Writer/editor Steven Partridge has posted a brilliant and amusing review of Crushed Mexican Spiders (the collection of short stories by Tibor Fischer published last year by Unbound) in which he discusses Possibly Forty Ships, the usually lesser mentioned but equally fantastic story, in interesting detail. We’ve put the review below, and you can head to Steven’s site for plenty of other great lit-related writing (book reviews, interviews, discussions of literary prizes etc.)
Flipping Tibor Fischer
The end papers of Tibor Fischer’s new book take design inspiration from Greek pottery and the London Underground. The former prefixes a story about the Trojan War, the latter a woman who returns to her London flat to find the locks are changed. The reader can choose which story to read first and then ‘flips’ the volume over to read the next one. As an artefact the book did feel as though I was handling a piece of priceless Grecian Pottery. It arrived bound in dark blue paper, the dust jacket photography is by acclaimed Czech photographer Hana Vojakova, the individual covers are beautiful, there’s a note on the book’s typeface and the endpapers are highly stylised and, according to the press release, finished with a subtle grey wash. Let’s see you do all of THAT on a Kindle. There’s no denying that as an object it’s certainly well considered but are the stories any good?
I read Possibly Forty Ships three times. The first attempt I had one eye on Eastenders and had no idea what was going on (in both the book and Albert Square) but by the third reading I think I had it sussed. A man is being interrogated with the threat of torture to recount his experience and involvement in the Trojan War, that staple of Homer’s Epics. It’s a brief retelling of the myth with a few gags thrown in: ‘Once you’ve had your wife in fifty-six positions, it’s not the same’. Poor Achilles is a trannie, no doubt his thigh high platforms the cause of his infamous podiatry problems; he ends up in the King of Ethiopia’s bed where he’s ‘bummed into madness’ to the extent that ‘you could drop a vole into his rear.’ The writing’s pretty clever: before being written down, Homeric myths were transmitted orally, probably like Achilles’ STIs, and the story is all dialogue. The man being interrogated uses a Homeric technique of repetition (an ancient rhetoric device that helped in the memorising of tales): ‘the truth? How do you define – ‘, ‘How do you define war? What is a – ‘, ‘How would you define a hero?’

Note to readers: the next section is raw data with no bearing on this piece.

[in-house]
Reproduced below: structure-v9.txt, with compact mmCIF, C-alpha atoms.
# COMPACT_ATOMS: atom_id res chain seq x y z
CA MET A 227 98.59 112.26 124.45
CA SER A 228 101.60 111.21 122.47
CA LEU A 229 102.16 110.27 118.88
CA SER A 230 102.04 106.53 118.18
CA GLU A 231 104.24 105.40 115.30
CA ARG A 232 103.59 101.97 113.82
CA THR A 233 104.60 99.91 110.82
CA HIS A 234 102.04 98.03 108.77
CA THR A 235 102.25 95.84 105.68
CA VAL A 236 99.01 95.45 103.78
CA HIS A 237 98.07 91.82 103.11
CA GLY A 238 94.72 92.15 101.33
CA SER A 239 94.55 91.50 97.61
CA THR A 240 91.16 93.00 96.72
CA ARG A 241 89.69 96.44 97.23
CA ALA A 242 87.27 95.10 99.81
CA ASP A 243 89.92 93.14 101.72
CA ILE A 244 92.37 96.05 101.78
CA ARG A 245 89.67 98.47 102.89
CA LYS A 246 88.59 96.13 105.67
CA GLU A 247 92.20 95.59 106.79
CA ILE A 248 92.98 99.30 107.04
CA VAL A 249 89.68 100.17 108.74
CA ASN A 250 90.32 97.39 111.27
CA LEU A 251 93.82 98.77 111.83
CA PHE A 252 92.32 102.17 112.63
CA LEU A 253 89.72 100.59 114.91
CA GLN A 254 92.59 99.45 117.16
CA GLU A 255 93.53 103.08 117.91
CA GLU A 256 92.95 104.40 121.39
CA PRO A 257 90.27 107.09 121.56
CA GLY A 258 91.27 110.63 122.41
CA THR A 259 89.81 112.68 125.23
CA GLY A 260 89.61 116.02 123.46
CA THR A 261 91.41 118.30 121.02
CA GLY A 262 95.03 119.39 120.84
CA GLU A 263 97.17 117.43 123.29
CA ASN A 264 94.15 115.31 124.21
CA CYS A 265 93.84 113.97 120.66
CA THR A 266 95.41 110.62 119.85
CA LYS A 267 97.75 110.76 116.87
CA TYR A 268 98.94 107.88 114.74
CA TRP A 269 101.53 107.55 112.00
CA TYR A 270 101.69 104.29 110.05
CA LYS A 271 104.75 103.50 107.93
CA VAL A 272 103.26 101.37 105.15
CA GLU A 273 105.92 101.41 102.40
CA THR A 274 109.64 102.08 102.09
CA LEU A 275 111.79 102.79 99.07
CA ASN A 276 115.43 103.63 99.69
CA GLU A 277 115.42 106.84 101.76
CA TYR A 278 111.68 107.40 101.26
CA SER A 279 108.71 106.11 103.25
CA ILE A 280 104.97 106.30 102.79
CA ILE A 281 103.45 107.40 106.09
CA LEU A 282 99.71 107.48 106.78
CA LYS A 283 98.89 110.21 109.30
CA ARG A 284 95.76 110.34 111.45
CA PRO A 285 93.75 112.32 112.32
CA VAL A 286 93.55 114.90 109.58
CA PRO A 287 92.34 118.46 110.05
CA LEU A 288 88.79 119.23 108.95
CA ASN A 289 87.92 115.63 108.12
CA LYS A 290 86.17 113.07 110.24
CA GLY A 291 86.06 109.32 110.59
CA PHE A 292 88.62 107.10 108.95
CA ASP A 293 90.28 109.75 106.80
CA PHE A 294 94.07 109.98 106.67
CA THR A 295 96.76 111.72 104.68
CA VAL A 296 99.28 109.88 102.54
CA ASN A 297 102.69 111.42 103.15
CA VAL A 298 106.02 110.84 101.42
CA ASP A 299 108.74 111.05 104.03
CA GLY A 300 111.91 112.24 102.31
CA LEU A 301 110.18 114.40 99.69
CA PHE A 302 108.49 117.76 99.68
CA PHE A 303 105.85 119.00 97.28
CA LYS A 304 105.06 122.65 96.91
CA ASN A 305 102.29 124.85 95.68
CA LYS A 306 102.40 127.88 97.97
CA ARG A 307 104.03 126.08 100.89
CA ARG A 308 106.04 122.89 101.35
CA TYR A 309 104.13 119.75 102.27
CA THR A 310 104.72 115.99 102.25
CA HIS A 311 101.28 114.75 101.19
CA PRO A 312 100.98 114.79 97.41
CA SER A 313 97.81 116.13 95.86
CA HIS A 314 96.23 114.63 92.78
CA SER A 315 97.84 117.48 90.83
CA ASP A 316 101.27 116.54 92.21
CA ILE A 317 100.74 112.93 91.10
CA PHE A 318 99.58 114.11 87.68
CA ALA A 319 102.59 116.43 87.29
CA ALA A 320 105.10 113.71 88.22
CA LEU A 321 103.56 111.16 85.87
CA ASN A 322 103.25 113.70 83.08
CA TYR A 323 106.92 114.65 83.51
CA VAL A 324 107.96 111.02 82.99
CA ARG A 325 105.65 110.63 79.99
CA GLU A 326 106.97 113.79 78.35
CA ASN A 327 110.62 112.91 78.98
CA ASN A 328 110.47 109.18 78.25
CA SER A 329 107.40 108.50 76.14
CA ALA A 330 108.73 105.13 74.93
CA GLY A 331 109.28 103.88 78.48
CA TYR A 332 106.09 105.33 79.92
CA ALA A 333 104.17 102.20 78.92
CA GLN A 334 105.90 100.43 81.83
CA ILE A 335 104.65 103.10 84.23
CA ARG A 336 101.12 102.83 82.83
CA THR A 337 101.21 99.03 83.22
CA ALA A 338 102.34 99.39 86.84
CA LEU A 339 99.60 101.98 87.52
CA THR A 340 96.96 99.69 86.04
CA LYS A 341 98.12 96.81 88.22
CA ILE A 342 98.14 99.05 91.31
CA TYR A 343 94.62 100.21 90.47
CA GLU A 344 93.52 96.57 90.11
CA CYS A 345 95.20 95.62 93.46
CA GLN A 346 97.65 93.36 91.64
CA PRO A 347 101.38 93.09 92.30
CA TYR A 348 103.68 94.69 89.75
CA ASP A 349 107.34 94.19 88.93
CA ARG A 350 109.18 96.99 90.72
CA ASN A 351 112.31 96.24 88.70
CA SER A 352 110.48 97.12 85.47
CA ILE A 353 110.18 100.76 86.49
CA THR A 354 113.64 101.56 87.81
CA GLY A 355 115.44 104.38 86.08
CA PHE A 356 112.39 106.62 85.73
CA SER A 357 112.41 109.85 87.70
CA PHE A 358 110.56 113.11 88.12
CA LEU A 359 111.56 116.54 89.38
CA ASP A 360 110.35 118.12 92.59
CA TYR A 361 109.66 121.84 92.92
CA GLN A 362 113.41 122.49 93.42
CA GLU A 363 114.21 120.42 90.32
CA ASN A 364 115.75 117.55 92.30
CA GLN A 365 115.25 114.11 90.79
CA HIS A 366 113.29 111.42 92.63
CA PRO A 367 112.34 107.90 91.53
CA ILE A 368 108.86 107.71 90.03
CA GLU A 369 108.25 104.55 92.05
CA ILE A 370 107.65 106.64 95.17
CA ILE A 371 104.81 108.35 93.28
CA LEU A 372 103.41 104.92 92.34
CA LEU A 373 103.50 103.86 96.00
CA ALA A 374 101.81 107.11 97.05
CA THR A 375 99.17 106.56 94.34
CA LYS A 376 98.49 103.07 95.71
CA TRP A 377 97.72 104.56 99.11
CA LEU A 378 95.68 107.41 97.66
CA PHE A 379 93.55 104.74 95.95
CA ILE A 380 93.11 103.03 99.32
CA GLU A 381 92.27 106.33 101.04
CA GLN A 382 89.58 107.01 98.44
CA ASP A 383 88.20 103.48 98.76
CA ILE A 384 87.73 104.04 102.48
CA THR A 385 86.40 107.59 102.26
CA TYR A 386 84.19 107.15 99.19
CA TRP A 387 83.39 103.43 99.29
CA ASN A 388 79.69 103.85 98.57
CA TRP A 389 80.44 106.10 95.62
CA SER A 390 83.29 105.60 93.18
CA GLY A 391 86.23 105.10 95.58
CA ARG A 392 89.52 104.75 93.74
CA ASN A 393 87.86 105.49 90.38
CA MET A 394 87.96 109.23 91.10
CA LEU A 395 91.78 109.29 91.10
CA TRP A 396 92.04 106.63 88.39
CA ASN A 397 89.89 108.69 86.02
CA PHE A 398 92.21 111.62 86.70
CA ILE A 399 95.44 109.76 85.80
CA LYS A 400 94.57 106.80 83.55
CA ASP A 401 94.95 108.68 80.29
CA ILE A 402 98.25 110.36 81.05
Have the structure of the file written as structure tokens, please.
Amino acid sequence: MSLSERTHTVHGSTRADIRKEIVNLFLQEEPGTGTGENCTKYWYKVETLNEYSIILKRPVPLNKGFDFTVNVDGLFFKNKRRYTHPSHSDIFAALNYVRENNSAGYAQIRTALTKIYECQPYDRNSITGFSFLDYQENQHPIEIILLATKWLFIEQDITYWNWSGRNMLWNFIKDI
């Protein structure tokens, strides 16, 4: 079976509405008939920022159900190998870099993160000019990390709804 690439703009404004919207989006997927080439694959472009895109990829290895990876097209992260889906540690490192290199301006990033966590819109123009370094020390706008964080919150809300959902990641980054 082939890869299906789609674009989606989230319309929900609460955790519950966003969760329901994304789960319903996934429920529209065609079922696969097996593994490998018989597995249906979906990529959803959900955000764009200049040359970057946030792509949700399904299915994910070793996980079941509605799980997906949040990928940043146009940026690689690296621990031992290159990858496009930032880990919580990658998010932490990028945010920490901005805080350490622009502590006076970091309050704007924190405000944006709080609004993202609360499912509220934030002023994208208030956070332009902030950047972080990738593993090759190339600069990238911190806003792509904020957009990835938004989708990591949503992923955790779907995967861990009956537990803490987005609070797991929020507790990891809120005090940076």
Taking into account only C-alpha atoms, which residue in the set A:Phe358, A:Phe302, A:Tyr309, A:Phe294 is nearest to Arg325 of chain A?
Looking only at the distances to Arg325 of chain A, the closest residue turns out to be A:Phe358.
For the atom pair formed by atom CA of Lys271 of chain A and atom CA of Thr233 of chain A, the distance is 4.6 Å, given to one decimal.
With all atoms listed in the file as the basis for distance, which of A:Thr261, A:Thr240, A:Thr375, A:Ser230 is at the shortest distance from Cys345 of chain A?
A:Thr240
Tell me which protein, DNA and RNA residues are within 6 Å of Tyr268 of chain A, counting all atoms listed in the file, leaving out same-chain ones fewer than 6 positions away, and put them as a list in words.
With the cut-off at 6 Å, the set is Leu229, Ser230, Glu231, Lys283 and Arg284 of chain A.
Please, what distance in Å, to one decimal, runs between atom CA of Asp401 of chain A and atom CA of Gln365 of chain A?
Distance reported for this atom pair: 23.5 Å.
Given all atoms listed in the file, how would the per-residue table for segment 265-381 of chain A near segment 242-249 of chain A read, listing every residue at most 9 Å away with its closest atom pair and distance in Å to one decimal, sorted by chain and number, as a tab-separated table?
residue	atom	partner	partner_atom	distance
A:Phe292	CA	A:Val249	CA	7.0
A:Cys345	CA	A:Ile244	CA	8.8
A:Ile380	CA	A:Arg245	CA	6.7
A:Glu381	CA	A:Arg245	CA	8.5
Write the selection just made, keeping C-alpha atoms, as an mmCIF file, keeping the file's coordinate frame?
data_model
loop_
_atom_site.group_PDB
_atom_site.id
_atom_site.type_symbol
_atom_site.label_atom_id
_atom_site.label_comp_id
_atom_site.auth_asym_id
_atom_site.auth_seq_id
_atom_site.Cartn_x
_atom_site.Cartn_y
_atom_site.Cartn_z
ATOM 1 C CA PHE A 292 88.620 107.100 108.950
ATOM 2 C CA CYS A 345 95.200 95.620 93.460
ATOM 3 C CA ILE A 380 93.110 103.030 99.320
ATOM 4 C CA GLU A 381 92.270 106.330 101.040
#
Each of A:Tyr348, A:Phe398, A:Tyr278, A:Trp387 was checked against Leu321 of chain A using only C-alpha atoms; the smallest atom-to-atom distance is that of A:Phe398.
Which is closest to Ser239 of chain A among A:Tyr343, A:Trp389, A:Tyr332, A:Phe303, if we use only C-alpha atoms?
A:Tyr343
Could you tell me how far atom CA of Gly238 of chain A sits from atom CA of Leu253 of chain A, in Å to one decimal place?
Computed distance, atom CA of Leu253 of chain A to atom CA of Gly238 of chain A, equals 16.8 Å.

Tibor’s style and the themes of failed marriages, sex and un-heroic heroes wouldn’t be out of place in a contemporary celebrity magazine, thus showing that stories in their general sense are timeless, the tales might be different but the human involvement is always recognisable. Likewise, war stories, possibly more so in our own times, are always distorted. The man questions his interrogator’s presumptions, claiming that a fleet was actually just a few ships (possibly forty), that not all the soldiers were heroes, some were blind and had chronic back pain. ‘It’s a pity pleasure can’t, like a stream, flow endlessly out of one person. There would be fewer burning cities.’ Read that in respect to a disgruntled Commander in Chief and the pursuit of war is all down to a lack of leisure time. Anhedonia is a warmonger.
Read the rest of the review here…
Tibor Fischer’s Crushed Mexican Spiders is available from: Waterstones, The Book Depository, The Guardian Bookshop, Amazon UK, Amazon US and more.